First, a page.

33 Similarly, even though the Medicare law explicitly reduces HI benefit payments if the HI fund is depleted, the projection in the Medicare Boards of Trustees' annual report assumes that payments would not be reduced. Otherwise “the report would not serve its essential purpose, which is to inform policy makers and the public about the size of any trust fund deficits that would need to be resolved to avert program insolvency” (Medicare Boards of Trustees 2014, 2).

34 The statute setting out the scoring procedures says only that funding is to be assumed to be adequate to make all the payments, but specifies no source for the funding. The hypothetical borrowing needed to provide the funding cannot be considered a general account debt because there is no provision under current law for the general account to pay OASDI benefits. It is simply a hypothetical scoring debt.

35 Thompson (1983, 1460–1461) gives long-range security as a primary motive for contributory financing through a trust fund: “The economic gains from a retirement income system require that participants be able to rely on the long-run promises the system makes; thus, these gains can be secured only through an institution that itself is relatively stable and predictable over the long run…the trust funds are an integral part of a mechanism through which the objective of long-range stability is pursued.”

36 For the same reason, no conclusions can be drawn from relationships that hold only when publicly held debt is held constant: Publicly held debt fixed at a given level is equivalent to a consolidated budget always balanced at zero. Smetters (2004) notes that economists generally agree that if publicly held debt is fixed, then trust fund surpluses will not increase government assets. This is true, but it applies to any budget changes, whether in the trust funds or in the general account. For example, if publicly held debt were held constant, an increase in general account taxes would require either an offsetting increase in general account spending or an offsetting decrease in the trust fund surplus, and would not increase assets. In practice, publicly held debt has never been held constant.

37 For example, in January 2010, the Senate voted 97-0 to exclude from consideration any changes to Social Security proposed by a deficit commission (U.S. Congress 2010, S220).

38 Hungerford (2009) presents evidence that the earlier studies did not adequately allow for autocorrelation when estimating the statistical significance of the regressions. The present argument is different: Even if there were no autocorrelation problem, the large size of the general account variations relative to the trust fund variations could yield a spurious effect of the trust fund surplus on the general account deficit.

39 Diamond (2000) reached a similar conclusion: “My reading of the attempts to grapple with the deficits in the 80's and early 90's is that there was enormous resistance to both increasing taxes and cutting spending, with the deficit the outcome of limits on the attempts to change these two variables. The exact size of the unified budget deficit (and the Social Security surplus was very small compared with the unified deficit) played little or no role in the budgets that actually passed. The fact that political discussion cited the unified deficit is not important; what is important is whether spending would have been less or taxes more if the unified deficit was a little larger because the Social Security surplus was not present. I think not, but one can not be sure.”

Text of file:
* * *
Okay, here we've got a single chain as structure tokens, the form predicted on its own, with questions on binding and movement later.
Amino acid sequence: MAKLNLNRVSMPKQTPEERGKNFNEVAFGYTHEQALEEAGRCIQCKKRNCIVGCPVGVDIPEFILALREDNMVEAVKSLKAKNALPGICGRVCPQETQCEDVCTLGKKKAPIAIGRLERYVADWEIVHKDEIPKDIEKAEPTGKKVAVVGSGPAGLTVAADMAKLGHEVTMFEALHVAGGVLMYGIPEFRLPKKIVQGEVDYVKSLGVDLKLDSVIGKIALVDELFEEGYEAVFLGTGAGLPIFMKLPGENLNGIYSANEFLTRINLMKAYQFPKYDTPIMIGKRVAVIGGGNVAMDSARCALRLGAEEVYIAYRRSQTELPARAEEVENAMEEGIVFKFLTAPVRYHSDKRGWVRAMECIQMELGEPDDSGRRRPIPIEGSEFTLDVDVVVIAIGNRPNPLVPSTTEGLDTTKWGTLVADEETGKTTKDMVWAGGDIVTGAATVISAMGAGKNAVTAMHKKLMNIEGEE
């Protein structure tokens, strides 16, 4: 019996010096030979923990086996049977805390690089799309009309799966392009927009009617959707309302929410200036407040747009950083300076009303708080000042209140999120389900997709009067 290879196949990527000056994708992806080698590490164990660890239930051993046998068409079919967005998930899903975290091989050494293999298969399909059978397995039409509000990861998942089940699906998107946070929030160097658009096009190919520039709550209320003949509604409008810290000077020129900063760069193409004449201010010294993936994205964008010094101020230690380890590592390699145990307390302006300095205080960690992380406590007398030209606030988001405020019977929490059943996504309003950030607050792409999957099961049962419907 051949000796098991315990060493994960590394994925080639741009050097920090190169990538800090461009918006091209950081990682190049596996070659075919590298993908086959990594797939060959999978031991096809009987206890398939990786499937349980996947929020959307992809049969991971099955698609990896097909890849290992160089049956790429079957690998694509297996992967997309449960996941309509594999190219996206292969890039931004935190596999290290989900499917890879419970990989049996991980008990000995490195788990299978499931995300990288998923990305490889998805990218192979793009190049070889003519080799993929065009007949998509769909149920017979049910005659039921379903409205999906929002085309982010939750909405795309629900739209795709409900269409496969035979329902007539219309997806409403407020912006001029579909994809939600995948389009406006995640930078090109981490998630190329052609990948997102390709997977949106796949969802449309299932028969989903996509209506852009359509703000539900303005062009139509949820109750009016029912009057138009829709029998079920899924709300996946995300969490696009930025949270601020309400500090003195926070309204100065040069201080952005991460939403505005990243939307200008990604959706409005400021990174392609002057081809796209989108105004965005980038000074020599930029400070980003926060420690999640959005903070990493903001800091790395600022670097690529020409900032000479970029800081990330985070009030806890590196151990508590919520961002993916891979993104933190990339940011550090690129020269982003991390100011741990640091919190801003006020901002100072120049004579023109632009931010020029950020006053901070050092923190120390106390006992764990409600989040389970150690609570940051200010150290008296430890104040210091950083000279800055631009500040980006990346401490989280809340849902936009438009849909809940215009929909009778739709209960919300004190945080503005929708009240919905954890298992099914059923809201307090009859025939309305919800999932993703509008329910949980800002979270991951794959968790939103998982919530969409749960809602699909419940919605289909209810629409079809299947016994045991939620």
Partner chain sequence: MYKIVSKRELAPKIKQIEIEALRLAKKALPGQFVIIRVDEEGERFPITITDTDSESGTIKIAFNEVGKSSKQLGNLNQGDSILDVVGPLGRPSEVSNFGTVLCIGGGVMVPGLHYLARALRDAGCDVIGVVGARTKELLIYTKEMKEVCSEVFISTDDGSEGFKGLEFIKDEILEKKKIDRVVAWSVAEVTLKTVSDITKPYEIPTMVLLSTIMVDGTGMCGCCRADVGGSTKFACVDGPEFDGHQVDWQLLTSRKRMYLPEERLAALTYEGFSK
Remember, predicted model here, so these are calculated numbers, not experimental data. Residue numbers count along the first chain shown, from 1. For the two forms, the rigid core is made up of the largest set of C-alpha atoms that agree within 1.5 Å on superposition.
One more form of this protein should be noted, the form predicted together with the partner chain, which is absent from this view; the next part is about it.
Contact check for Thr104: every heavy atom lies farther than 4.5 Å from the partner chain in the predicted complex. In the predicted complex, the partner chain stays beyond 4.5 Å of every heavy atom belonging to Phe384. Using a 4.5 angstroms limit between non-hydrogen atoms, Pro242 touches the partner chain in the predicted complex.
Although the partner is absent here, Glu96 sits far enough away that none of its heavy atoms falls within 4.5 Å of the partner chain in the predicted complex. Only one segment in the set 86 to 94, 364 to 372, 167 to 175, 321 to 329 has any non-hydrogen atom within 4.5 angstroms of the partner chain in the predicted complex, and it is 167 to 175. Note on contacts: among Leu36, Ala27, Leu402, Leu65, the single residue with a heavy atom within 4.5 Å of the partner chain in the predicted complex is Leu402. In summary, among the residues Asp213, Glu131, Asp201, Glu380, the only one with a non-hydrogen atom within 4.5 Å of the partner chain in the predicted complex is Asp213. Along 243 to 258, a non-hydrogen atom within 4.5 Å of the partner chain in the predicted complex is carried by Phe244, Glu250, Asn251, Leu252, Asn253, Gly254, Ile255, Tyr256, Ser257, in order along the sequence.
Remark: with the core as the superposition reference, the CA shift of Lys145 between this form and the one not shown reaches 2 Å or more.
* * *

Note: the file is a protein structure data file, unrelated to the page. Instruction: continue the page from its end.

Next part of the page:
40 For the original designers of the trust fund reserves, one purpose of “keeping alive” the Treasury bonds in the reserve account was to make clear that the interest payments, even when they were going to pay benefits, were attributable to a general account liability that had not disappeared (Willcox 1937, 451).

41 I have found no rigorously argued statements of this view, but a handful of informal statements are cited in President's Commission to Strengthen Social Security (2001). See also Sloan (2009).

42 Under the original Social Security Act, special securities paid a designated interest rate of 3 percent per year. Those transactions amounted to a subsidy to the trust funds whenever actual interest rates fell below 3 percent and a charge to the funds when they rose above 3 percent, as was recognized at the time (see Willcox [1937, 462]; Hohaus [1937, 124–125]). The 1939 amendments eliminated the fixed interest rate for trust fund securities.

43 The DI fund (but not the combined OASDI fund) came close to depleting its reserves in 1994, at which point the Social Security Act was amended to shift part of the OASI share of the payroll tax back to the DI share. The ease with which transfers between OASI and DI can be legislated supports the treatment of the two funds as a single combined fund for many purposes.

44 The 1990 legislation that eliminated intramonth borrowing allows the secretary of the Treasury to reintroduce it whenever reserves might dip to inadequate levels during the month.

45 Nevertheless, under current projections, a touch-and-go insolvency within a few years could be plausible for the DI fund. See Board of Trustees (2014, 42).

46 However, some of the apparent burden could be shifted to other generations if offsetting changes occur in the rest of the budget.

47 However, Feldstein advocated using the reserves as an instrument for accumulating larger national savings, rather than for paying benefits out of earnings. The reserves in Feldstein's simulations were also credited with imputed interest earnings above the amounts payable as interest on government bonds.

48 Hambor (1987) cites several examples.

49 For a discussion of sustainable solvency, see Goss (2010).